Designed with two or four faces, the clocks conformed to a basic composition, with the large round faces mounted on classical columns and bases. Four of the city’s extant clocks, all of which are the two-face variety, stand in Manhattan.
Brooklyn’s only surviving sidewalk clock is the Bomelsteins Jewelers clock at No. 735 Manhattan Avenue in Greenpoint. It is a typical street clock example, with a rectangular beveled base, fluted column and double sided face. Part of the clock surround has been obscured by a contemporary sign.
–From the 1981 NYCLPC Landmark Designation Report. Photo: Emilio Guerra.
Madison Avenue and East 53rd, outside 520 Madison.
Jamaica Avenue and Union Hall Street in Jamaica, Queens is the home of this clock. It was in front of the old Gertz Department Store, which closed in 1976. It was thought to have been installed by Busch’s Jewelers in the 1890s, and is a designated NYC Landmark.
This former clock on Sutphin Boulevard near the LIRR terminal has not had the same fate as the other Jamaica street clock. Its clock long vanished, it’s used by a realtor for makeshift advertising.
At Myrtle and St. Nicholas Avenues and Madison Street in Ridgewood, Queens is the first of the many odd-angled intersections so prevalent along Myrtle’s eastern run. Detective Anthony J. Venditti Square is named for a NYC police officer allegedly killed by a mobster:
The detective grew up in the East Bronx and had been on the force for 12 years, specializing in illegal gambling and Mafia cases. On Jan. 21, 1986, heaand a partner were tracking Federico Giovanelli, reputed to be a member of the Genovese organized-crime family, who was suspected of running a gambling and loan-sharking ring. As Detective Venditti left a diner at Myrtle and St. Nicholas, he was surrounded by three men. His partner, Kathleen Burke, was shot in the chest but survived. Detective Venditti did not.
Mr. Giovanelli, who was seen running from the scene, was arrested with two other men. After three state trials and numerous jury deadlocks, the three were acquitted of murder. They were separately convicted of federal racketeering charges. New York Times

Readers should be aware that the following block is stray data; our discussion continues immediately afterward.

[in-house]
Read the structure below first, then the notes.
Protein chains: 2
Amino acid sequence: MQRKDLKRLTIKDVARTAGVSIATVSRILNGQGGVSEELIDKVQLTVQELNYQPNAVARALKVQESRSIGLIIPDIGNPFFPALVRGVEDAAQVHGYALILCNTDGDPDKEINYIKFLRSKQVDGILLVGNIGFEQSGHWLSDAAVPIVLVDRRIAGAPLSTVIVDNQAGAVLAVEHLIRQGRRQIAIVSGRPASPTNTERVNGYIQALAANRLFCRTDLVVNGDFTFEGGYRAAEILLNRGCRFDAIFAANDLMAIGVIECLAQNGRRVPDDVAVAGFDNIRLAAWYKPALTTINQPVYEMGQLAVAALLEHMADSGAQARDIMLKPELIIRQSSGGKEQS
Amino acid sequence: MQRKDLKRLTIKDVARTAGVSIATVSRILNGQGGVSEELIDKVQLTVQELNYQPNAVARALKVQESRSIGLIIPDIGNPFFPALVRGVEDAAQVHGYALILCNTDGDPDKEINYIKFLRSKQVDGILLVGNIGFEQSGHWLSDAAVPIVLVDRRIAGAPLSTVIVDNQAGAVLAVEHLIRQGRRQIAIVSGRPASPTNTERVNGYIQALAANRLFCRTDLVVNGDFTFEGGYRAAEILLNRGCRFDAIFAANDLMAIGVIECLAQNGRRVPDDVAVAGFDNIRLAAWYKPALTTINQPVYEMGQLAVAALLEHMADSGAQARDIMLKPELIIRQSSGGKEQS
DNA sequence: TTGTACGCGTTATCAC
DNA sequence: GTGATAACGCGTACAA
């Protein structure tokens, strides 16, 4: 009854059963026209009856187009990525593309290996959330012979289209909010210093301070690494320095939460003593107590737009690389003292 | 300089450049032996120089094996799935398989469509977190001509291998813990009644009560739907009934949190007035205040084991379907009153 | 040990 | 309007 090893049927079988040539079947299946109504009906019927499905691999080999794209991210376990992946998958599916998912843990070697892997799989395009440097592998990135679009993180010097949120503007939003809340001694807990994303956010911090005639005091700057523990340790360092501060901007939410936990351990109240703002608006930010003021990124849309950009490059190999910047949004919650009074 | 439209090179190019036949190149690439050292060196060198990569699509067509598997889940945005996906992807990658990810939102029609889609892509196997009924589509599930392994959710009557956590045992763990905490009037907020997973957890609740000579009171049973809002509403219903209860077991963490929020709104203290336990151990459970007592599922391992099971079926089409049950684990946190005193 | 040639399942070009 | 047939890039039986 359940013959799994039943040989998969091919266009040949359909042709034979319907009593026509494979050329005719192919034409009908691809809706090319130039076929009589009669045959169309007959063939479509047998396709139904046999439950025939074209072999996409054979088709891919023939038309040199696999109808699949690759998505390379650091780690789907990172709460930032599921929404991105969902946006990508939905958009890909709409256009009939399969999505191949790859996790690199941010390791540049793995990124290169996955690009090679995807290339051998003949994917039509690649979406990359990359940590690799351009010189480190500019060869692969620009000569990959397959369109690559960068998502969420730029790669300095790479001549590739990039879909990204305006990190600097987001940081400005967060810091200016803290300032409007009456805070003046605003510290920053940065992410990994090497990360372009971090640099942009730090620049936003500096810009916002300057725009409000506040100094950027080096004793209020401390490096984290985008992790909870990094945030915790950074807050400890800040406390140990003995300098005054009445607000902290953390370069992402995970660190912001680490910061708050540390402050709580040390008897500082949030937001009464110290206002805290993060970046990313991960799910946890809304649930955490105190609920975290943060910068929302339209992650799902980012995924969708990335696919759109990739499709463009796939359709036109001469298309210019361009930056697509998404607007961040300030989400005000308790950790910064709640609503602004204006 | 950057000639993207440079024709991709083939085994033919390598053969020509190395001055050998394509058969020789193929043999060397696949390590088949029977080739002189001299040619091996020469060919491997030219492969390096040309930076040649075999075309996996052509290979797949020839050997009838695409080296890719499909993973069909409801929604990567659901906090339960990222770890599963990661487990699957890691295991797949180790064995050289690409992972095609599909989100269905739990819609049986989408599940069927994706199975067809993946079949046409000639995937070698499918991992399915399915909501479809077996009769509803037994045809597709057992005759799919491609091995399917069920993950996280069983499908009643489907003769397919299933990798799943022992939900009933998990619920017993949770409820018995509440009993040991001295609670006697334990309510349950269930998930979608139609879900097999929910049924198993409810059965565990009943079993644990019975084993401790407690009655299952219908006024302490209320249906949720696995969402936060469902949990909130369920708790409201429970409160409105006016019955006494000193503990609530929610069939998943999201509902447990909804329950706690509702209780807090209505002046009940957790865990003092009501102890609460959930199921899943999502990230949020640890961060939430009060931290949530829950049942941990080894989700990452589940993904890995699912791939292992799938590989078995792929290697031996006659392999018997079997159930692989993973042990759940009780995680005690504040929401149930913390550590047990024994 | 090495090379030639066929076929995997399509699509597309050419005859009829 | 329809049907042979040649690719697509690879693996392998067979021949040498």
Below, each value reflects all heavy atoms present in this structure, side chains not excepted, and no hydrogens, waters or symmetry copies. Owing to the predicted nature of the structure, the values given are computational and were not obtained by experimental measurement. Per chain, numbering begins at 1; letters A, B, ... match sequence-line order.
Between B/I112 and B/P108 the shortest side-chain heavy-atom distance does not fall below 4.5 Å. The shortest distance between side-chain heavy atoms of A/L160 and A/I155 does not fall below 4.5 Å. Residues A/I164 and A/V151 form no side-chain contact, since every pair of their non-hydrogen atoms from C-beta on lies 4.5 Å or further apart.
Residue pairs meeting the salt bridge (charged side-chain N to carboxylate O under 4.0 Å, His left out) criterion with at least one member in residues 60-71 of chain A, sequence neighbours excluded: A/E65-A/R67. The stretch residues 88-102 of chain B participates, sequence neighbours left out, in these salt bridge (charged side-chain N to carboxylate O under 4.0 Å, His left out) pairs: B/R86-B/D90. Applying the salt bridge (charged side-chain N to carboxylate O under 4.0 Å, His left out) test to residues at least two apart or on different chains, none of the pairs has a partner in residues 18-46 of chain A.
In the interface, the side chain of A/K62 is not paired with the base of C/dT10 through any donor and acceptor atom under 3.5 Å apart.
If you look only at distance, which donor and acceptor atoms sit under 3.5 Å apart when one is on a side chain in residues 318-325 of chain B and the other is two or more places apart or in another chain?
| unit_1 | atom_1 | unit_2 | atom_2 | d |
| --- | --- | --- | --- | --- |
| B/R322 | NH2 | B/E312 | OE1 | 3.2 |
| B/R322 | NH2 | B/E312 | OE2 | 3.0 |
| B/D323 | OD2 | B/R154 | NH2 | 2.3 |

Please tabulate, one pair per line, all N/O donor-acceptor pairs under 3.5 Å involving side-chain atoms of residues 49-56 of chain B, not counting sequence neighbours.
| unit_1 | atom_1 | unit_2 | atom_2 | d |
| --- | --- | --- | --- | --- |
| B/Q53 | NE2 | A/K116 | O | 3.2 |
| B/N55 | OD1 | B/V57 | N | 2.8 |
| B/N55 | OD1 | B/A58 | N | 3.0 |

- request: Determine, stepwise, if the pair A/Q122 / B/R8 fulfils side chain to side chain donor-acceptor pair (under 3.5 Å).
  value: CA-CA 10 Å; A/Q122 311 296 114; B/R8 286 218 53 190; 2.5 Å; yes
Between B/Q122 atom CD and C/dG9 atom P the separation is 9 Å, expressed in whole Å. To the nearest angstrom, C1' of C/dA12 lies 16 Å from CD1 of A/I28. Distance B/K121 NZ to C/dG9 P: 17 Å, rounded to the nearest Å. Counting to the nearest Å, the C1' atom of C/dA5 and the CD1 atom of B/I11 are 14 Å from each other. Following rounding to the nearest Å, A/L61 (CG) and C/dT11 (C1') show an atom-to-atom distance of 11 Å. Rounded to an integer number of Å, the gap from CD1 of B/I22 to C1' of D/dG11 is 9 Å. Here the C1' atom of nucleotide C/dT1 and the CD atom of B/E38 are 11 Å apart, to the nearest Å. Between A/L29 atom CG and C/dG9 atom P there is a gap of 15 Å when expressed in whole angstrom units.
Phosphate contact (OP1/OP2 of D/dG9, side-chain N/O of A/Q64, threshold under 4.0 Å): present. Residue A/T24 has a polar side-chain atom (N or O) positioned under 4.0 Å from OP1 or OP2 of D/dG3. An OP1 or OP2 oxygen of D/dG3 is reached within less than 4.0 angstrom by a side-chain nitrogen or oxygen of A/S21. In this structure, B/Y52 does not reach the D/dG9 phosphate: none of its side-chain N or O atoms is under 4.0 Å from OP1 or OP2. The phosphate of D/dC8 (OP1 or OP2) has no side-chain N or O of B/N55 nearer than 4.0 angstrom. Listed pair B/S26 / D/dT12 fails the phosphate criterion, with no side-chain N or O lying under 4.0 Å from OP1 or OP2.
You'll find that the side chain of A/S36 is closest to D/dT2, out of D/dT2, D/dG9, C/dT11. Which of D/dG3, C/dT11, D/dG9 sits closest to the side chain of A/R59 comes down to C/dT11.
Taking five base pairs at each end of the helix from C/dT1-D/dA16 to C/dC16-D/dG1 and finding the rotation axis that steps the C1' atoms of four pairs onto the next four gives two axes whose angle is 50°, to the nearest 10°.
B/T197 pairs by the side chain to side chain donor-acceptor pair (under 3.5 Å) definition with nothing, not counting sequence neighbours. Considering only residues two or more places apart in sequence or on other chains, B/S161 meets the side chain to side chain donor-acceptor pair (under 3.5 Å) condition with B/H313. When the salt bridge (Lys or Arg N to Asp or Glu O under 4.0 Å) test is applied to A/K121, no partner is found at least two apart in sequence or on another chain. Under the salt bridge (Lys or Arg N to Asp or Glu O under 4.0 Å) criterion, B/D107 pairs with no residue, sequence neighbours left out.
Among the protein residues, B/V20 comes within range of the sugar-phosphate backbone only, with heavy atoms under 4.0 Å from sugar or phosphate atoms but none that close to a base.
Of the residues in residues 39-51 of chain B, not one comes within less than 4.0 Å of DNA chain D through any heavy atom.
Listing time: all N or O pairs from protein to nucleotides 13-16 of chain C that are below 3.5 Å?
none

This clock at Flatbush Avenue and 8th Avenue in Park Slope is one of a pair (the other one is at 6th Avenue) recently refurbished and restored. photo: Uncle Catherine
When I shot this clock at 30-78 Steinway Street in Astoria in 1999, it was always ten to five. One of the several clocks throughout New York City designed by Howard Post, the Steinway Clock was iron-cast 100 years ago and installed in 1922.
The Yorkville Clock, on 3rd Avenue between East 84th and 85th Streets, celebrated its 100th anniversary in style–with a complete restoration! This story from the September 1996 Our Town weekly tells the story:
The 17-foot tall Yorkville Clock is a designated city landmark, and is one of only 9 remaining street clocks in the city.
After a century of New York street life, the clock had reached a perilous state of decay. Last November, it was dismantled and shipped to Utah for a ten-month, $18,000 restoration, paid for mostly by donations from Upper East Side families.
The Yorkville Clock was originally installed in 1898 as an advertisement for a jewelry store in the shadow of the old Third Avenue elevated train.
In 1985, a city employee mistakenly sold the clock as surplus to a Long Island collector. The Koch administration tracked it down and by1989 it was back in service, this time next to a McDonalds. But its troubles were not over.
“When I ran across it, one of its faces was smashed and it was covered with graffiti”, said Margot Gayle, the leader of the volunteer group which adopted the clock.
At age 91, Gayle has a career of clock rescue behind her. Back in the 1960s, she organized Greenwich Village residents to save the Jefferson Market clock, and went on to advocate on behalf of clocks from City Hall’s cupola clock to the timepiece on Staten Island’s Borough Hall.
Here’s the clock in 1955, shot by Lothar Stetler in the book By the El; the el was torn down that same year.
A relatively new addition to the genre is the Tribeca Grand hotel clock (installed in 2000), at 6th Avenue and Church and White Streets.
At 146 Duane Street in Tribeca is one of NYC’s most notable building clocks — look at the intricate metalwork on the bracket. It is a remnant of wholesale shoe company Nathaniel Fisher & Co. When a fire struck the headquarters in 1895, the NY Times reported that it had already been in business for 50 years. The clock may be nearly 150 years old.
Each side has a different clock face, likely a modern development.
The clock was in a photo by celebrated photographer Berenice Abbott in 1938.
Possibly the most unusual location for a street clock of this type is the one on the boardwalk at Riis Park.
This was taken on Super Bowl Sunday in 1999, on the deserted boardwalk.
This is on a former NY Times printing plant and current school, on 3rd Avenue and Dean Street in Brooklyn.
Classic neon with clock, in Westchester Square, Bronx
Metropolitan and Forest Avenues, Ridgewood. The building was since demolished but the clock has been saved by the proprietor of Enchanted Florist on Grand Avenue.
5/1/1999; revised 5/22/12